Artificial intelligence is the talk of the town, and transportation is part of the conversation, according to an Aug. 29 report from the Eno Center for Transportation.
Much of the AI buzz in transportation centers on autonomous vehicles, but artificial intelligence could also benefit government agencies grappling with myriad transportation challenges, the report says.
“Applying AI would be beneficial to public agencies across modes and across the lifecycle of planning, building, operating, analyzing, and maintaining infrastructure and service delivery,” the report states.
Artificial intelligence could also help cities, states and transportation agencies with operations and systems management of transit systems, roadway asset management and maintenance and cybersecurity. The report adds that “Deploying AI technology could make the process of data collection and analysis more efficient and effective in decision-making.”
Artificial intelligence comes in many forms, including computer vision, machine learning and neural networks. Each of these can have applications in transportation management. The report gives examples such as:
- Using computer vision to detect obstructions to streets and along curbs.
- Employing convolutional neural networks to locate and identify illegally parked vehicles.
- Utilizing machine learning to predict microtransit service demand by location and time frame or develop tools to help people with disabilities find their way to precise transit pickup locations.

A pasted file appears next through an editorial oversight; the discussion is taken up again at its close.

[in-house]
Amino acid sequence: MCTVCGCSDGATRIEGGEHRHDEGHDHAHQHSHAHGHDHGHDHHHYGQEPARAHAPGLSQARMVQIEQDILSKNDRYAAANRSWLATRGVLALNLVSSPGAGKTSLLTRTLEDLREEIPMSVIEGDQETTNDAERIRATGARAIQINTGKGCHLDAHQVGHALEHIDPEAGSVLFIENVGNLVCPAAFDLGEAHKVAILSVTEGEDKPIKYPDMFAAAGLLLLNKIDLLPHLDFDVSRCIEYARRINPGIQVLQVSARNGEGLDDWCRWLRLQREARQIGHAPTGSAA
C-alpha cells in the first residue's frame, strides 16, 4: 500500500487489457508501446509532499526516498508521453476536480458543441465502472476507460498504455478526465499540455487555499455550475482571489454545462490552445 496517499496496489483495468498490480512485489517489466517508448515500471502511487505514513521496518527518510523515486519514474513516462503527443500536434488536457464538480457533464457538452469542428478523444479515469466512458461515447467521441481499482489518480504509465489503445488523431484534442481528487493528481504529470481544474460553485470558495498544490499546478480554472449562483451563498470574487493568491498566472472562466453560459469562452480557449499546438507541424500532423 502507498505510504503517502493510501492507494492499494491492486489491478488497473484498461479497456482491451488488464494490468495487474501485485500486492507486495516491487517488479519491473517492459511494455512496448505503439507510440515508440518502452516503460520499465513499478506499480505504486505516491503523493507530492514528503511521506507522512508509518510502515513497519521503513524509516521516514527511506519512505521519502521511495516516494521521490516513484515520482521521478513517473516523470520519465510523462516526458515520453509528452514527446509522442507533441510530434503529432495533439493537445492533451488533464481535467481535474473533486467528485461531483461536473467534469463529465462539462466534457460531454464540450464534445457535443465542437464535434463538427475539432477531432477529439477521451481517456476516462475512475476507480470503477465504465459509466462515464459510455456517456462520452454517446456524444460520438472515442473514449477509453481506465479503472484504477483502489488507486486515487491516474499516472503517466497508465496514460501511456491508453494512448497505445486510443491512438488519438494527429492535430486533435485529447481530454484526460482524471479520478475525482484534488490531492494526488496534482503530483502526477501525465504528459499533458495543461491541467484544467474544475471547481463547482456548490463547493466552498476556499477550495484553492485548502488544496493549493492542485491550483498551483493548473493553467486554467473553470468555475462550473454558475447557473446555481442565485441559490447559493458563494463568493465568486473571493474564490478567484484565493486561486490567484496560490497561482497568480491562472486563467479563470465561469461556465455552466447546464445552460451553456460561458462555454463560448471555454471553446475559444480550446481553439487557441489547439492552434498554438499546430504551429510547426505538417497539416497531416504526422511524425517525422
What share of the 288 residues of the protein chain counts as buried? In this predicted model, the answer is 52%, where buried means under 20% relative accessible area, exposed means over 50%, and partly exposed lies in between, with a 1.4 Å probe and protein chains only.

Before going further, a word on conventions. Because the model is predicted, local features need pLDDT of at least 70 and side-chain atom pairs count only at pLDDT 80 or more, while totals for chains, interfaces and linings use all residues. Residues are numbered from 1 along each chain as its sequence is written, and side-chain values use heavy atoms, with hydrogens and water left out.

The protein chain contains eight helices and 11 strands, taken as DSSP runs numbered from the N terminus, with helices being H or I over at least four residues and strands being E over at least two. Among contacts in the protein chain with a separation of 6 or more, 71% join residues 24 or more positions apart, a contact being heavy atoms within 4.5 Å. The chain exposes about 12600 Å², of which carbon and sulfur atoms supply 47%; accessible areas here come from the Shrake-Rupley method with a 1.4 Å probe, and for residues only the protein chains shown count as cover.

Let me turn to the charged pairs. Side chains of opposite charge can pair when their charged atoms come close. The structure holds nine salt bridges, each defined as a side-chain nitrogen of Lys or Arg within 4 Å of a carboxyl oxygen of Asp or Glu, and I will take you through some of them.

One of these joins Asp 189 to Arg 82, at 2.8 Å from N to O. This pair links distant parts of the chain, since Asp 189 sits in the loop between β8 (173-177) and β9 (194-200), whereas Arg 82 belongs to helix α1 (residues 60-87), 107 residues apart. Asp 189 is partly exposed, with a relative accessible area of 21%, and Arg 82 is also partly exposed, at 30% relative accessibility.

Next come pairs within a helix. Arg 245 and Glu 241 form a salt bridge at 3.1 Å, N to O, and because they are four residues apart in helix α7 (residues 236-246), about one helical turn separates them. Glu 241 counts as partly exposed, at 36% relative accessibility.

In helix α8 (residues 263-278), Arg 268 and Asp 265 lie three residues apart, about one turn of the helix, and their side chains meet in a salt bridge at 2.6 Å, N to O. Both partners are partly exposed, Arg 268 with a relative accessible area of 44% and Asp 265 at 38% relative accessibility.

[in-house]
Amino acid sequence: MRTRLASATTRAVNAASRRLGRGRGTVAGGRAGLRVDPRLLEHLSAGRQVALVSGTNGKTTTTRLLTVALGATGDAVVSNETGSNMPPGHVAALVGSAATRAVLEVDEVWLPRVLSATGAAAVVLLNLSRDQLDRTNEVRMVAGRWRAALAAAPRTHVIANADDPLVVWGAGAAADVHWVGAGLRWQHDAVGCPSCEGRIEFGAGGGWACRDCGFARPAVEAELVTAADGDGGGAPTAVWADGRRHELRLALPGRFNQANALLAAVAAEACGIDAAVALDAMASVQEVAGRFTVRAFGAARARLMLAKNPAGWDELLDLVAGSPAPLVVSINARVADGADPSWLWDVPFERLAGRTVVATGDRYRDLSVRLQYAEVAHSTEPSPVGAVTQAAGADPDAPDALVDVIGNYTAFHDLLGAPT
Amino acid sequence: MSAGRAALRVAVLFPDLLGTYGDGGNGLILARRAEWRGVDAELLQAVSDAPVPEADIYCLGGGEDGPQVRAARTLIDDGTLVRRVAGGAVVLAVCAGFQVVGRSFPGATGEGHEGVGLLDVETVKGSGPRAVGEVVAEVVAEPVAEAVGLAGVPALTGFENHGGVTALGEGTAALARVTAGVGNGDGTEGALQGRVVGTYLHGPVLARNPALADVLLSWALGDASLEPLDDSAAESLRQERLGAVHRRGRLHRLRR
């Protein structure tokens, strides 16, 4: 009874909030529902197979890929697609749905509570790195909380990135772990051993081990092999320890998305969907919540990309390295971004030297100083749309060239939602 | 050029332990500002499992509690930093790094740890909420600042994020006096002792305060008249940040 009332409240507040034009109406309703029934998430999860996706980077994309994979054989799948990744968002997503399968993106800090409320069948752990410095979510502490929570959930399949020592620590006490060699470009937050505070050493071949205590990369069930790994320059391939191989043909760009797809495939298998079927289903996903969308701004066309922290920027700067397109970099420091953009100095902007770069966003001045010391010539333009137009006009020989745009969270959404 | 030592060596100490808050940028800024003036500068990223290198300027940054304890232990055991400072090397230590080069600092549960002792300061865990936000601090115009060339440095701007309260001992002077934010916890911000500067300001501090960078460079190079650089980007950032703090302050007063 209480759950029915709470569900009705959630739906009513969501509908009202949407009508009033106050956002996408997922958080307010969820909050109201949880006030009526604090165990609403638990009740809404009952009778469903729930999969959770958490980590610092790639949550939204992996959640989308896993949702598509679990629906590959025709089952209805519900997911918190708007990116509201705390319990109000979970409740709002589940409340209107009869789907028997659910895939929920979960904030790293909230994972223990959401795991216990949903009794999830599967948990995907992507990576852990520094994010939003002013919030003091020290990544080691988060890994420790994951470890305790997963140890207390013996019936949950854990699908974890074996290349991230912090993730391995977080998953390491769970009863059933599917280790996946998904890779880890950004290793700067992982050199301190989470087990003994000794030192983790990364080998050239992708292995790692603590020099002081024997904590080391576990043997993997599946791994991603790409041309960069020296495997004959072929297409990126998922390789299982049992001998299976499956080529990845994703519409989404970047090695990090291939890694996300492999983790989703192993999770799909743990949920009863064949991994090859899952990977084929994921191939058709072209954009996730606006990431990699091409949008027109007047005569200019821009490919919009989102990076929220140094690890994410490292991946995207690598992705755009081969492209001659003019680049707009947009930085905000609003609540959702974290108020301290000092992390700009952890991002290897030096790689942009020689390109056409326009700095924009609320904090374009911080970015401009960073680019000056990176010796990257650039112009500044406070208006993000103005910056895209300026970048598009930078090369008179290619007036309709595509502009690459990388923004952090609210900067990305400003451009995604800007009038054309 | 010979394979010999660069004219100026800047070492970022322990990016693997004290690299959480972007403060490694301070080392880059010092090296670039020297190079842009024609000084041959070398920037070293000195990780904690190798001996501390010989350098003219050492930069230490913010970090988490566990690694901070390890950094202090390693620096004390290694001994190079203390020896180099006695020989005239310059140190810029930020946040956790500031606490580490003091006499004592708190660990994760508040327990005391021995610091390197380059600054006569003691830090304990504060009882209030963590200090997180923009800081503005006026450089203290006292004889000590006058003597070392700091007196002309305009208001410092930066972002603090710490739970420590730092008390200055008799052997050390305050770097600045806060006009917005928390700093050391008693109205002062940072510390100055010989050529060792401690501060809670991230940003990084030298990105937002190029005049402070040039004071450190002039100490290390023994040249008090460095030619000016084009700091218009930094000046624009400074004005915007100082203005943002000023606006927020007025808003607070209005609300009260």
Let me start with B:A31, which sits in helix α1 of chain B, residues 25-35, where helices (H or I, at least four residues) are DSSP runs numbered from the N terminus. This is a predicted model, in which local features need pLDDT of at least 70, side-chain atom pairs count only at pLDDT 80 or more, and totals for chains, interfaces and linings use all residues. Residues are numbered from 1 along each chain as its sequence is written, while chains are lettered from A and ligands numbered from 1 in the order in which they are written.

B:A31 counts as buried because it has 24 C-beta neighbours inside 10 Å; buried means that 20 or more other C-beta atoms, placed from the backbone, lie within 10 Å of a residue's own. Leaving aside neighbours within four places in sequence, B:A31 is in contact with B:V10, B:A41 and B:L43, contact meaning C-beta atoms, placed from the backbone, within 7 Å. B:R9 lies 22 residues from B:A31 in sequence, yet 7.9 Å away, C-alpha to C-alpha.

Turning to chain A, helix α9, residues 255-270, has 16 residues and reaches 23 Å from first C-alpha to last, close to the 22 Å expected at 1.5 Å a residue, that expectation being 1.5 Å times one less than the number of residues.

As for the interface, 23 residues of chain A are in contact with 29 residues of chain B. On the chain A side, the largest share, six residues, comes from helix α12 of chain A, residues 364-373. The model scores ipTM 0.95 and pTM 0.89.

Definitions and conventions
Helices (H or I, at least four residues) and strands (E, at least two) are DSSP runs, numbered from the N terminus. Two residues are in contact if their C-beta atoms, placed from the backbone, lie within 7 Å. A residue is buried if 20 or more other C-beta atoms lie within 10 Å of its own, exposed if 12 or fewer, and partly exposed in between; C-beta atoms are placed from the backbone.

Other uses include improving traffic signal control at complex intersections and creating predictive models for where and when vehicle crashes are likely to occur.
But, the report cautions, “Government agencies are subject to public accountability and must abide by strict regulations on when and how data is collected, analyzed, and stored.” Officials must be mindful of how AI works and how the public will perceive the use of these technologies. “Regulatory agencies and private AI companies have opportunities to apply AI technology in a safe, effective way, and to explain why specific applications are improvements over similar work being done by a human,” the report says.
AI will spread across the transportation sector, advancing technological innovation much as it does in the consumer sector with recommendations for purchases, trip routing suggestions and natural language processing tools such as ChatGPT. “Ignoring it or declining to incorporate it into practice is not a viable or desirable option,” the Eno report concludes. “Instead, informed policymakers and practitioners can use AI to improve safety, service delivery, and equity, saving taxpayers money and creating a system that better serves the public.”
Renee Autumn Ray, senior director of transportation policy at Hayden AI, a California-based developer of automated bus lane enforcement systems, wrote the report for the Eno Center.